Preventing postpartum depression part I: a review of biological interventions

Can J Psychiatry. 2004 Jul;49(7):467-75. doi: 10.1177/070674370404900708.


Objective: This paper critically reviews the literature to determine the current state of scientific knowledge concerning the prevention of postpartum depression (PPD) from a biological perspective.

Methods: The criteria used to evaluate the interventions were derived from the standardized methodology developed by the Canadian Task Force on Preventive Health Care. Databases searched for this review include Medline, PubMed, Cinahl, PsycINFO, Embase, ProQuest, the Cochrane Library, and the World Health Organization Reproductive Health Library. Studies selected were peer-reviewed English-language articles published between January 1, 1966, and December 31, 2003.

Results: Seven studies that met criteria were examined. These studies focused on evaluating the preventive effect of antidepressant medication, estrogen and progesterone therapy, thyroid therapy, docosahexanoic acid, and calcium supplementation. Although some of these interventions have been examined rigorously for depression unrelated to childbirth, methodological study limitations render intervention efficacy equivocal for PPD; thus, there is limited strong evidence to guide practice or policy recommendations.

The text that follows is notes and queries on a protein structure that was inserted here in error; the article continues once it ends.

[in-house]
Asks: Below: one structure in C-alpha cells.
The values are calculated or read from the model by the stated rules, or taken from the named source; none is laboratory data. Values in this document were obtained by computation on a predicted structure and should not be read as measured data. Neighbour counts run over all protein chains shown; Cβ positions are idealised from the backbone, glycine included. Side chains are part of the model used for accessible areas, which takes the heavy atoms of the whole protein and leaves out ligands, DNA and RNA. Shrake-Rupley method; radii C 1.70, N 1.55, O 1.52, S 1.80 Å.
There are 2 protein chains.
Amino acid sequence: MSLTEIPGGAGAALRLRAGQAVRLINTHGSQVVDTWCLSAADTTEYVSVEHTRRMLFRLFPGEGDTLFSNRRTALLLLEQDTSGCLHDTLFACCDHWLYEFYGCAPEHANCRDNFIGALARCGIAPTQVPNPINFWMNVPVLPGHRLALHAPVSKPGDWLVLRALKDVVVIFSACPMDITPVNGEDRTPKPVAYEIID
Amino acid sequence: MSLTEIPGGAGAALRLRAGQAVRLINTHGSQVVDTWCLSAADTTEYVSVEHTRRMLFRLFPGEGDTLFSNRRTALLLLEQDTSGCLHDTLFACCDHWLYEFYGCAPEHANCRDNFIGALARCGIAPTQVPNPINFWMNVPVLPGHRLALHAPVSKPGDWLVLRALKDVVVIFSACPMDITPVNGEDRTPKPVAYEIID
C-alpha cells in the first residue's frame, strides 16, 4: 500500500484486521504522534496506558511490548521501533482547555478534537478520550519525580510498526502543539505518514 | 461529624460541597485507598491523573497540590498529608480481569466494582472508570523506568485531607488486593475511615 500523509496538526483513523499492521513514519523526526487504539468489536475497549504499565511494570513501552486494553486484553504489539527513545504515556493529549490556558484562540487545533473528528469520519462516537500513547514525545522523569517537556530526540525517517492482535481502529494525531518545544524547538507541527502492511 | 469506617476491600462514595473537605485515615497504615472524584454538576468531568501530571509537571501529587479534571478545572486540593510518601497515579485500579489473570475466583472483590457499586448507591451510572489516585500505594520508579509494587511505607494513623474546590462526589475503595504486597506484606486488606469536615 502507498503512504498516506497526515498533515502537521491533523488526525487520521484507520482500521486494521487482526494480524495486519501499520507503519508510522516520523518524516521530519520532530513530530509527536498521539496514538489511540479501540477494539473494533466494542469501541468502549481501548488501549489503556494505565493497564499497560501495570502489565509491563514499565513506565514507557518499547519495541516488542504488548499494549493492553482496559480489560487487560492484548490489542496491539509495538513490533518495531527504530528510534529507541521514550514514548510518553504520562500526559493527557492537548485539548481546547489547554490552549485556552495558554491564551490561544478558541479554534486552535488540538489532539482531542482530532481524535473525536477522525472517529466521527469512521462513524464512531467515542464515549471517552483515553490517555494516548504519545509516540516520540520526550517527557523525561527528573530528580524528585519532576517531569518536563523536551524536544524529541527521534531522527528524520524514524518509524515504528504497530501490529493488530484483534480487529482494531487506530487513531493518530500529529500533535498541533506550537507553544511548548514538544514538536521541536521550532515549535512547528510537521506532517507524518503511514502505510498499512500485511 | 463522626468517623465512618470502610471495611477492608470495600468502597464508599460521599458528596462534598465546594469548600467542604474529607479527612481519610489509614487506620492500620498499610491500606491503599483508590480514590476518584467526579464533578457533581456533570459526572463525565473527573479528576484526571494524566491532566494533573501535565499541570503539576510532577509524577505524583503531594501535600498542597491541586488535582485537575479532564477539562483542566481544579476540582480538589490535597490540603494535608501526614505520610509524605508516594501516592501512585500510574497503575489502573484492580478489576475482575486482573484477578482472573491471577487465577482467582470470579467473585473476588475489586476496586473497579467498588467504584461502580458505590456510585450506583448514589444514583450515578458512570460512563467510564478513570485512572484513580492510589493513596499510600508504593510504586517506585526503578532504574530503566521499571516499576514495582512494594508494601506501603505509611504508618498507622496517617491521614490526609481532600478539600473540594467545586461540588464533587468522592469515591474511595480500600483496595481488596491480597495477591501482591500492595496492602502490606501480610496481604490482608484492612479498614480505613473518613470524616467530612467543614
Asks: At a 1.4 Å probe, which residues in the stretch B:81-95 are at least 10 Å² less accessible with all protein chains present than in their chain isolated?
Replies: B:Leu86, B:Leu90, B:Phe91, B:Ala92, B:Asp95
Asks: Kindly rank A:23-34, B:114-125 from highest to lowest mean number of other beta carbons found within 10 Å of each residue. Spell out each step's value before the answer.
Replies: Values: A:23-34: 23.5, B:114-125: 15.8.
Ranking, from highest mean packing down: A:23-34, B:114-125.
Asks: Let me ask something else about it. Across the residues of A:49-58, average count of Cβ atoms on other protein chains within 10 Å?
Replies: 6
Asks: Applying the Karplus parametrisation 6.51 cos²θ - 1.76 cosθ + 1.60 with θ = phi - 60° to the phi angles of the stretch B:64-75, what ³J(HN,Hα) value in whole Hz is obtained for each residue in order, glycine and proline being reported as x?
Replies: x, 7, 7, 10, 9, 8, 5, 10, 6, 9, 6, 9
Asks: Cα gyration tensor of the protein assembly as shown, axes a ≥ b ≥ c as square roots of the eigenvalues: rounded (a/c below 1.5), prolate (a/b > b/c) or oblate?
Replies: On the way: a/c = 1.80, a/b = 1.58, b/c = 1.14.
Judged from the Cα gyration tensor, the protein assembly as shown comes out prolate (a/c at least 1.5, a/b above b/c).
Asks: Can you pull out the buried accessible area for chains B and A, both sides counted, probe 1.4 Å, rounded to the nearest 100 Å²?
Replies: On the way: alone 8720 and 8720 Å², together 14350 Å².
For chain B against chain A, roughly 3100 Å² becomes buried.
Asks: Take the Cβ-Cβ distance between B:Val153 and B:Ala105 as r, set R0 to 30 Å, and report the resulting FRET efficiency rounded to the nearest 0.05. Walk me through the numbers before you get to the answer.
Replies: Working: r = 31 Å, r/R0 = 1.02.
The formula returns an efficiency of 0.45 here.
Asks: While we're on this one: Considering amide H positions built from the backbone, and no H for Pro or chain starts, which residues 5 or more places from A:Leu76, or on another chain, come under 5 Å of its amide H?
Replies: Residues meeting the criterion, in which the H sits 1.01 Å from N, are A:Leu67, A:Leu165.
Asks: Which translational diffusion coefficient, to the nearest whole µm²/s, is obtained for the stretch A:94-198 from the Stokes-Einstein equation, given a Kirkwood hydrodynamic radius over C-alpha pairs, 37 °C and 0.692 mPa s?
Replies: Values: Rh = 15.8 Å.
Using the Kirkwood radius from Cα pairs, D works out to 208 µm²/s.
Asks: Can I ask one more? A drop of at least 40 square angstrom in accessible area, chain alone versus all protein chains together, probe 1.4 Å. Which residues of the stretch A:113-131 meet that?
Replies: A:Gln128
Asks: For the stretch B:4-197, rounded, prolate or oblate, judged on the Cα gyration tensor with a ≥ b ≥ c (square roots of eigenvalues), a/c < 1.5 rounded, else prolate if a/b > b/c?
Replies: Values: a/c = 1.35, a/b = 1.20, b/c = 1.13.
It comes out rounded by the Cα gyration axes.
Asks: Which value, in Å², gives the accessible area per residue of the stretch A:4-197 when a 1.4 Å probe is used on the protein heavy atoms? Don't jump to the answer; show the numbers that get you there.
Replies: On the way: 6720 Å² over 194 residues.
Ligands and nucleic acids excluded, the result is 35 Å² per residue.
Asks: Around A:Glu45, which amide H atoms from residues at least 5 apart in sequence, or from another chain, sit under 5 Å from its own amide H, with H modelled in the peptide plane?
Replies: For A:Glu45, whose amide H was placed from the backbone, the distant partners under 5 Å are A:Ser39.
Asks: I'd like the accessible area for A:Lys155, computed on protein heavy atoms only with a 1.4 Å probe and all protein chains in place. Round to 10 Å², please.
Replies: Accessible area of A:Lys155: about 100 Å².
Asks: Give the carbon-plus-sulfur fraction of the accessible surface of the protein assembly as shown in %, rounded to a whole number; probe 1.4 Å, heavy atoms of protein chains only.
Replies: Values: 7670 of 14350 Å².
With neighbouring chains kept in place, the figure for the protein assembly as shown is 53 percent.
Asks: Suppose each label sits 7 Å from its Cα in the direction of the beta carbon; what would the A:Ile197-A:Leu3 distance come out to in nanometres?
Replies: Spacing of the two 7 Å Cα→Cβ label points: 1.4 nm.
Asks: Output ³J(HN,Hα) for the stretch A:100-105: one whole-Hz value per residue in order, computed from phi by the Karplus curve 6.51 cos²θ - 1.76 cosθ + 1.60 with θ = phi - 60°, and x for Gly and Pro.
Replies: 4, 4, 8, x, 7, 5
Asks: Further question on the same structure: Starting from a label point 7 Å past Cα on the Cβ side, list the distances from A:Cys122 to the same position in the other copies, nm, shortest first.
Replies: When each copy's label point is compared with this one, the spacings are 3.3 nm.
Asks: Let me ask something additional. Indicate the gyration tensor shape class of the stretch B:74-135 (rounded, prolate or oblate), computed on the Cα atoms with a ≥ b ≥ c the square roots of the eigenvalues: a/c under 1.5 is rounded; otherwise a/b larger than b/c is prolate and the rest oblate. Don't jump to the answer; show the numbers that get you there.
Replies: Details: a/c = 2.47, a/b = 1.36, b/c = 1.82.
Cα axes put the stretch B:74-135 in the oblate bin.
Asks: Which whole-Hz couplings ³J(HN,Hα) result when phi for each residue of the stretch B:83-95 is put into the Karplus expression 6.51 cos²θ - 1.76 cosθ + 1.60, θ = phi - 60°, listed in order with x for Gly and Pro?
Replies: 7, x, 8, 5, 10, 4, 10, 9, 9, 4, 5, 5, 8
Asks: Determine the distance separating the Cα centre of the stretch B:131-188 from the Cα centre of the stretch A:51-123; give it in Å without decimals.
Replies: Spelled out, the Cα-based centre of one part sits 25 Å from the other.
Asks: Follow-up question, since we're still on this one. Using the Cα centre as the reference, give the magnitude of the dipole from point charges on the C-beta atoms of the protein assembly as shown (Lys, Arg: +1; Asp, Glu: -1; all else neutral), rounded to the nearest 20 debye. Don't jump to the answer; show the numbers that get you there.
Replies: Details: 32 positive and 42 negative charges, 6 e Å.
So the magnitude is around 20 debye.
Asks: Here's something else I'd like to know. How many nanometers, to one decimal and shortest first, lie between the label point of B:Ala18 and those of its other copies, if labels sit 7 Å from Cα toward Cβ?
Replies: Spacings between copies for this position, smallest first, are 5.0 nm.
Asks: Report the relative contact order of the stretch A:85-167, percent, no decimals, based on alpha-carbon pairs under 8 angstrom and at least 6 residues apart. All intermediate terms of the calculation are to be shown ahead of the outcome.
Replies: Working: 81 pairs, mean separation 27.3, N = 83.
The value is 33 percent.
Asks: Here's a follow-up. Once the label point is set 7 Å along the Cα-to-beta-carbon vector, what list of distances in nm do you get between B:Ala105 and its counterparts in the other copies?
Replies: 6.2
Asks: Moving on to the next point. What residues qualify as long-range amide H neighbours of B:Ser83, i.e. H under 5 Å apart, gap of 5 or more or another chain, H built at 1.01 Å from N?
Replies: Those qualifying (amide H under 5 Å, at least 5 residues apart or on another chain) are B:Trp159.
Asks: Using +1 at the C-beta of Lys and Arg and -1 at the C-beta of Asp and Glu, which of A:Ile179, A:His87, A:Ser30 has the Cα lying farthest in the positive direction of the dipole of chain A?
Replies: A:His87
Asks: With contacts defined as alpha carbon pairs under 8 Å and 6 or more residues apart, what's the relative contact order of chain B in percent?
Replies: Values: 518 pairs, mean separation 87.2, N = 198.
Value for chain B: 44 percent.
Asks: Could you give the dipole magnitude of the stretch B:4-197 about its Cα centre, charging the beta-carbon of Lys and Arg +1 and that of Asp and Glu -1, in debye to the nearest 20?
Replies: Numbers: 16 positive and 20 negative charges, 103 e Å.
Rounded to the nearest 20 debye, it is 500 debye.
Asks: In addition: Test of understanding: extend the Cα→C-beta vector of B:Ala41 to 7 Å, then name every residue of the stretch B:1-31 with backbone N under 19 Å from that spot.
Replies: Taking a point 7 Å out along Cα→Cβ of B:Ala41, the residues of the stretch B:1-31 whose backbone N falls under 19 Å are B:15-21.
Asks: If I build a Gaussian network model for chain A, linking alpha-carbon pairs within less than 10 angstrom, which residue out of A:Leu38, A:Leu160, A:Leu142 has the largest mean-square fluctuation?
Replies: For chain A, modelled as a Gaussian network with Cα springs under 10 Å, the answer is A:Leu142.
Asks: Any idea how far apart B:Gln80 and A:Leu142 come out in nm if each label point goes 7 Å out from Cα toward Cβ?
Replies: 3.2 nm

Conclusions: Despite the recent upsurge of interest in this area, many questions remain unanswered, which has several implications for research.

Publication types

  • Research Support, Non-U.S. Gov't
  • Review

MeSH terms

  • Adult
  • Antidepressive Agents / therapeutic use
  • Calcium / therapeutic use
  • Depression, Postpartum / diagnosis
  • Depression, Postpartum / drug therapy
  • Depression, Postpartum / prevention & control*
  • Diagnostic and Statistical Manual of Mental Disorders
  • Docosahexaenoic Acids / therapeutic use
  • Estrogens / therapeutic use
  • Female
  • Follow-Up Studies
  • Humans
  • Progesterone / therapeutic use
  • Randomized Controlled Trials as Topic
  • Surveys and Questionnaires


  • Antidepressive Agents
  • Estrogens
  • Docosahexaenoic Acids
  • Progesterone
  • Calcium